|Operating System||64-bit Red Hat Enterprise 6 or Cent OS 6|
|Processor / CPU||1 GHz Dual-Core|
|Memory / RAM||2 GB|
|Disk Space||50 GB|
|Operating System||64-bit Red Hat Enterprise 6 or Cent OS 6|
|Processor / CPU||2 GHz Dual-Core|
|Memory / RAM||4 GB|
|Disk Space||100 GB|
|CD / DVD||DVD Burner|
|Scanned Document Storage||4 GB * # of Sites * # of Years
This is in addition to the standard disk space
The minimum and recommended requirements were last updated on 1/15/2015.
It is the policy of Foundation Systems, Inc. that all pharmacies backup their data every day. This daily backup can be to any of the compatible destinations listed below. However, it is also our recommendation that each pharmacy does a backup to a single-use CD-R and/or DVD-R once a week or once a month and store that off-sight. Every destination other than these single-use discs are volatile and prone to degradation or accidental deletion. CD-Rs and DVD-Rs also degrade over time but at a far slower rate than other media and devices. For this reason, we include a DVD burner with every server we sell.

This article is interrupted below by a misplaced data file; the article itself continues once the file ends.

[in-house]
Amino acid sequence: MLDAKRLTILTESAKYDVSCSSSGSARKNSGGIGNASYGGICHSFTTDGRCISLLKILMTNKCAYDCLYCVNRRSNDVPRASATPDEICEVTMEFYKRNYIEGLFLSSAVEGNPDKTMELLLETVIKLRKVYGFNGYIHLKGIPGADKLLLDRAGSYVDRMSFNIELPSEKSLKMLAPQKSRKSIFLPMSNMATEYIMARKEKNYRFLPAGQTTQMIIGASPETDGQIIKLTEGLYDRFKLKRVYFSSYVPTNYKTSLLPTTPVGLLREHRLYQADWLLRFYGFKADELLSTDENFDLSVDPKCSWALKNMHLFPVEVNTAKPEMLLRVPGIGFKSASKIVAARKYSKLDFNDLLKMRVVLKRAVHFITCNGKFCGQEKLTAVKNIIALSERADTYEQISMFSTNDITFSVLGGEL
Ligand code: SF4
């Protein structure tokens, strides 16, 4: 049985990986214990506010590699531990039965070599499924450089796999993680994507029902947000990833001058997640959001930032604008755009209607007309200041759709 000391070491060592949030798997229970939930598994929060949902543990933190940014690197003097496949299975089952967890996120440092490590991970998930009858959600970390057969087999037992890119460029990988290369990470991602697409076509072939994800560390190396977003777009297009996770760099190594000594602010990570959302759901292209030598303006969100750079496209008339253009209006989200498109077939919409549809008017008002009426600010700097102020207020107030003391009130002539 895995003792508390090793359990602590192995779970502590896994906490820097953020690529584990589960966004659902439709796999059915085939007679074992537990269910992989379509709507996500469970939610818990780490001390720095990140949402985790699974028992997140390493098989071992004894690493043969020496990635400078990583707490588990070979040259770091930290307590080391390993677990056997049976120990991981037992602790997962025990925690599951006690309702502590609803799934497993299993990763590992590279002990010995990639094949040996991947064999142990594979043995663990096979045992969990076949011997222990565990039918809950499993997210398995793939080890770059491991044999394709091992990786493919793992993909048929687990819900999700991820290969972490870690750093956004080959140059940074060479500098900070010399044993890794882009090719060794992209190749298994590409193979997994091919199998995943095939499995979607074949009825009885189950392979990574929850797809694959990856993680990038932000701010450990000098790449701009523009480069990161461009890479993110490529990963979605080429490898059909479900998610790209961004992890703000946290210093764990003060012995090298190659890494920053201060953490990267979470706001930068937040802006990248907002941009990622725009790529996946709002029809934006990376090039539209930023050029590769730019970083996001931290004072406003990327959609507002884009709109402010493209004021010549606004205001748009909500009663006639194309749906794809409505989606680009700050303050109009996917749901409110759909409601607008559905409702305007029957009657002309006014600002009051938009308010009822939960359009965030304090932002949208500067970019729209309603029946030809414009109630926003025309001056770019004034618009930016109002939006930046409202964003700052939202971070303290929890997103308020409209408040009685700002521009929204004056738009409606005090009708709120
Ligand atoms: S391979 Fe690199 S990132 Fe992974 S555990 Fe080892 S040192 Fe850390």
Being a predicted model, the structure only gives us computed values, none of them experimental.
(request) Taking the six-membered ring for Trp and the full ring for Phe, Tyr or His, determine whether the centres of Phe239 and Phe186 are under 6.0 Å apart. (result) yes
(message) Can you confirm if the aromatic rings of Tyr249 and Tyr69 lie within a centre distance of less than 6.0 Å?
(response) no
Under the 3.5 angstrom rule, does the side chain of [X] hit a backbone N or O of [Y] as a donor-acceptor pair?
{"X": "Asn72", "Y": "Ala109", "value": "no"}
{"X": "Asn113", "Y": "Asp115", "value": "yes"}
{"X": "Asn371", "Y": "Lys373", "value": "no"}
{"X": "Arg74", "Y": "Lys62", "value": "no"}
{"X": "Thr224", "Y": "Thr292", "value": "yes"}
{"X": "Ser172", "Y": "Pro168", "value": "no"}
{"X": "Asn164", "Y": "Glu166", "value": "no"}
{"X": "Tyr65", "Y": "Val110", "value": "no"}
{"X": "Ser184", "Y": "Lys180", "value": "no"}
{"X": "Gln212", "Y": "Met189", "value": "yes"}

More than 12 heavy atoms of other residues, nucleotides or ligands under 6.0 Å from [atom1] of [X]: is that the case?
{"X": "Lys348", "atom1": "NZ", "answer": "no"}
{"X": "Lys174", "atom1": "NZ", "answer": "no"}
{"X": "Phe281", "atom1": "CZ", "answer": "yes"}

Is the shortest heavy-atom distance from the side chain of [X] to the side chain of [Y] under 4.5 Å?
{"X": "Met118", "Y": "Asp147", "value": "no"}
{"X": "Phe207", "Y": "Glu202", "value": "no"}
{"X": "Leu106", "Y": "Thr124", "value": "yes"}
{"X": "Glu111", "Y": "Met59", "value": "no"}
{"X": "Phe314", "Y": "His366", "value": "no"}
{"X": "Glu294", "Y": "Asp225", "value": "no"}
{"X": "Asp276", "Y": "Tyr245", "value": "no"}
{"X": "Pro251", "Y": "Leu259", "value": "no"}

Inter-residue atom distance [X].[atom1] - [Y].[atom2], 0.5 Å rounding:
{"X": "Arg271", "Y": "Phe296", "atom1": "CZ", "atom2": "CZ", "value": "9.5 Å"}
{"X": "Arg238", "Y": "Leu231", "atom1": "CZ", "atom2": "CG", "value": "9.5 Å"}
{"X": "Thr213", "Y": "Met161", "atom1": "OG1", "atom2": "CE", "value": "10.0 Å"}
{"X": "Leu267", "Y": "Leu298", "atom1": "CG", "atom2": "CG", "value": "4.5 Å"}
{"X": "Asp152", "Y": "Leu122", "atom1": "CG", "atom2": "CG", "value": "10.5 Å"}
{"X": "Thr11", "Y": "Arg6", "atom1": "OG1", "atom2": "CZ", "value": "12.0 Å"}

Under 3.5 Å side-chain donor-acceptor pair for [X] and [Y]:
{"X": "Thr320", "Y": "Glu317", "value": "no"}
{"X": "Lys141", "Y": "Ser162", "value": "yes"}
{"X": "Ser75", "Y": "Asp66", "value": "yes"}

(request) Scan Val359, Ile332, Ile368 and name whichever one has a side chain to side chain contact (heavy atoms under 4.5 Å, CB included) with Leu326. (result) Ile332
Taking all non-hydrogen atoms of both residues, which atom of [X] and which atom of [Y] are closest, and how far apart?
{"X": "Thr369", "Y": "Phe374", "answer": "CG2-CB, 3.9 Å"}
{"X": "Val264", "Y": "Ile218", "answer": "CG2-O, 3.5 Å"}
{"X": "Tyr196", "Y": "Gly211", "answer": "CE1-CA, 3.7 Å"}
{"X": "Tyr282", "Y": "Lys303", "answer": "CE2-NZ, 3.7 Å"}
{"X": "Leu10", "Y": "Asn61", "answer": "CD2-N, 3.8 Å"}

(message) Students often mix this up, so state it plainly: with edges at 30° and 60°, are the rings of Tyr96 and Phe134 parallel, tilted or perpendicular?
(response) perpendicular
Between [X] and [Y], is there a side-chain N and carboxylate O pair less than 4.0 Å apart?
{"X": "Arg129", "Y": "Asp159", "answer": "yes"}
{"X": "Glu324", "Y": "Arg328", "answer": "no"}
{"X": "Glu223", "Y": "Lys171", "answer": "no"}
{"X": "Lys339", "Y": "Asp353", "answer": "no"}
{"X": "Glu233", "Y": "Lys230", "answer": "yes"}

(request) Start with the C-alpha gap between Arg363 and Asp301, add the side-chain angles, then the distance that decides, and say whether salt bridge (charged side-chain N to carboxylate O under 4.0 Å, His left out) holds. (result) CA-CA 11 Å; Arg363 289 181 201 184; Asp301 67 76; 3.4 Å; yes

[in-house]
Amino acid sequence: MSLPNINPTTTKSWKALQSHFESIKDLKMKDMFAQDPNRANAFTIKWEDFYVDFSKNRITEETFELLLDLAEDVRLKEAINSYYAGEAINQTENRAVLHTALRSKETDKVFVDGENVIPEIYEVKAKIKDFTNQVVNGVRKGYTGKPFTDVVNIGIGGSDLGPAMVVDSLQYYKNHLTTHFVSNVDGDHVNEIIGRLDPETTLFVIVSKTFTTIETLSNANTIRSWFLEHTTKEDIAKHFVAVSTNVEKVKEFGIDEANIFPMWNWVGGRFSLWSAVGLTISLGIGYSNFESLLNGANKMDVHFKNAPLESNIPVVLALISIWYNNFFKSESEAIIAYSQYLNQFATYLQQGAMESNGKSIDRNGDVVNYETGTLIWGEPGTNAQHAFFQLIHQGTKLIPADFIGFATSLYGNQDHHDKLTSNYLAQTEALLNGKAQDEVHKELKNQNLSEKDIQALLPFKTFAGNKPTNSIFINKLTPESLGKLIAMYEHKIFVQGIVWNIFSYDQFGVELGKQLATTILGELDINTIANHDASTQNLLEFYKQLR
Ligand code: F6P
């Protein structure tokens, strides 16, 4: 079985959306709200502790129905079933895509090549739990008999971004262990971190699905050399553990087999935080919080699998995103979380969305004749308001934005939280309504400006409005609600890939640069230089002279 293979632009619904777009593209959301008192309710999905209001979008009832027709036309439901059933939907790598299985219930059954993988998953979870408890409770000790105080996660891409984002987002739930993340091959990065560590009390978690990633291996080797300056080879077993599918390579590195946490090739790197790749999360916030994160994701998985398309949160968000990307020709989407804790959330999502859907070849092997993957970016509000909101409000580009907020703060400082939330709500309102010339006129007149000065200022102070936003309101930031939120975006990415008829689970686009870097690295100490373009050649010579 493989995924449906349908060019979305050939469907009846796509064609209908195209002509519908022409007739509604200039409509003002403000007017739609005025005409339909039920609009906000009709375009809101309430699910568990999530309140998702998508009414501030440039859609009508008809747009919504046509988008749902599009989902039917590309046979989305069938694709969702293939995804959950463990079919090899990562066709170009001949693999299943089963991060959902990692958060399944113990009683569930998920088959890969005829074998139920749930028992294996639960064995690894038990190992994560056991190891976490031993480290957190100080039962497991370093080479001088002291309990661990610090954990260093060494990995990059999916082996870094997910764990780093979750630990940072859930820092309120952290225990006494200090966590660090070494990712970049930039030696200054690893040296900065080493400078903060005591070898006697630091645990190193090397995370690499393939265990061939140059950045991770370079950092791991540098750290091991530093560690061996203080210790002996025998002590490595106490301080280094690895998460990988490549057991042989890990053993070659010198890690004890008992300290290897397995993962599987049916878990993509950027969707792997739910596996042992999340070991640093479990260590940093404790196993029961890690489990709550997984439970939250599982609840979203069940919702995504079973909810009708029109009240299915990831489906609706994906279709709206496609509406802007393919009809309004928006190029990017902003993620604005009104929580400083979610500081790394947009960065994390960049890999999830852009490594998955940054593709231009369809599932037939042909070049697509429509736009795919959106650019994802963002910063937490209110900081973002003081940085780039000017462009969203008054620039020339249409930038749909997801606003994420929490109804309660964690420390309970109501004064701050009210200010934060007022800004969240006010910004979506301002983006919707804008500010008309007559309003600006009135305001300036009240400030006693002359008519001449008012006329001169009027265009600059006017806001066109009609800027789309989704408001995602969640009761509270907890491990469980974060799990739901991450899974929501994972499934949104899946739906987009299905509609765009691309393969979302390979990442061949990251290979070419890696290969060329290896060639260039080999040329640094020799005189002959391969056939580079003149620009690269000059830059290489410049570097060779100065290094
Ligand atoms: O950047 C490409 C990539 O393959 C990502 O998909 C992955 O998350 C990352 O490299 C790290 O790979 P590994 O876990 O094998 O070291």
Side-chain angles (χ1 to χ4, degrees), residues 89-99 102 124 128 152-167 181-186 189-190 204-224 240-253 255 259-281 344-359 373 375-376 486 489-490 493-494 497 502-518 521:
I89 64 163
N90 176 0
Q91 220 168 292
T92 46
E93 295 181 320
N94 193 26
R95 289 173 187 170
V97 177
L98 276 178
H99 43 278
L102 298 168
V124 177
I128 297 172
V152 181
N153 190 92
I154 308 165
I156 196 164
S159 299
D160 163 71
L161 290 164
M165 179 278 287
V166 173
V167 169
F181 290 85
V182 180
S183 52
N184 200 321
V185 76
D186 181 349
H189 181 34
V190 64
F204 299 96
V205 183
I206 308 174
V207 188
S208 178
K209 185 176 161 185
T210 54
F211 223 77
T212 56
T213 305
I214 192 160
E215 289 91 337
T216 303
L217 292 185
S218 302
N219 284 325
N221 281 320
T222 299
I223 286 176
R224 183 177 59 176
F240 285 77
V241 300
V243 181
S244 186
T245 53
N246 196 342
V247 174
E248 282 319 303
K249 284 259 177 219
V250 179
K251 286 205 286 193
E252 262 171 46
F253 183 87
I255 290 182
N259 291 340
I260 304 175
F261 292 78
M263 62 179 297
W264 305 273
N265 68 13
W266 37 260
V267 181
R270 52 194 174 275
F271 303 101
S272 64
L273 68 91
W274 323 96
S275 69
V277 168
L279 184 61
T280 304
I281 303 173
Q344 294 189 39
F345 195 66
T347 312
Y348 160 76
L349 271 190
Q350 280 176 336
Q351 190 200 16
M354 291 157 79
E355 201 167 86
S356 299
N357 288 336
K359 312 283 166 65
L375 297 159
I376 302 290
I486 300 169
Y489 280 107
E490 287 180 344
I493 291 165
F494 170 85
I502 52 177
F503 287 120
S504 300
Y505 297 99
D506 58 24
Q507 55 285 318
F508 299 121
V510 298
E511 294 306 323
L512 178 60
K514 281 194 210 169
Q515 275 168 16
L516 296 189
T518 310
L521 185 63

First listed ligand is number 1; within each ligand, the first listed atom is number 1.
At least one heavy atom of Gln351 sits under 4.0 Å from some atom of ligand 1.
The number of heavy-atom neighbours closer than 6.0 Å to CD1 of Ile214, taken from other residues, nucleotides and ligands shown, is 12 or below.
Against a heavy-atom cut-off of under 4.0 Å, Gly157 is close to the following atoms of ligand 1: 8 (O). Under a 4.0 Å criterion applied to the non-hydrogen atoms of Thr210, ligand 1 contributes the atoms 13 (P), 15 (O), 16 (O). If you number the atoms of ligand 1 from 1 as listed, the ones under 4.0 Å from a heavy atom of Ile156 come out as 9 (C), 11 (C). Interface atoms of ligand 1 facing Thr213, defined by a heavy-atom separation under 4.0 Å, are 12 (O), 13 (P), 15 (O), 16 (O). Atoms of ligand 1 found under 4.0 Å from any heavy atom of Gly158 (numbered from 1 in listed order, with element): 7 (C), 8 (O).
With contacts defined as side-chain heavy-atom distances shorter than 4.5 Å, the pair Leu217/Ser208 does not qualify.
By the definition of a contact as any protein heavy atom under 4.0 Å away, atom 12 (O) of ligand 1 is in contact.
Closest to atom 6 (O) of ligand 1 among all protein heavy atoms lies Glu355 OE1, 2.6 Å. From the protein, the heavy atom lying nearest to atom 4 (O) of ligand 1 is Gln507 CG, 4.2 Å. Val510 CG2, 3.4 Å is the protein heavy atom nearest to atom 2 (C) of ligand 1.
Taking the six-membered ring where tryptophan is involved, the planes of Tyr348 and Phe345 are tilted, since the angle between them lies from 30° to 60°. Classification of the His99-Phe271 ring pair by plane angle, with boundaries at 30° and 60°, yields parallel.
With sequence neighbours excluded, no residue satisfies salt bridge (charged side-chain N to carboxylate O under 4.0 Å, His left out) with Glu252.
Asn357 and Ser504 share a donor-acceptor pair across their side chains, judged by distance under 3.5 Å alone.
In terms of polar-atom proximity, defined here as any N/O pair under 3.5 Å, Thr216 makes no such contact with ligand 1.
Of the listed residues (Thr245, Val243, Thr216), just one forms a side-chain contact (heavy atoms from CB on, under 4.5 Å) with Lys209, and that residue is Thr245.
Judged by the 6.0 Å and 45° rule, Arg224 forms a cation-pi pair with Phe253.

Compatible Backup Destinations
- CD-R / DVD-R
- USB sticks
- Hot-Swap Hard Drives
- FTP or NFS Servers*
- Samba / Windows Servers*
* – These backup destinations are not officially supported by Foundation Systems, Inc. but are known to work. We have limited capabilities in assisting on issues with these backups as they generally involve another party / company that manages the destination. The exception is when using a Synology NAS purchased from us as a destination for these backups; see the next section for more details about Synology NAS devices.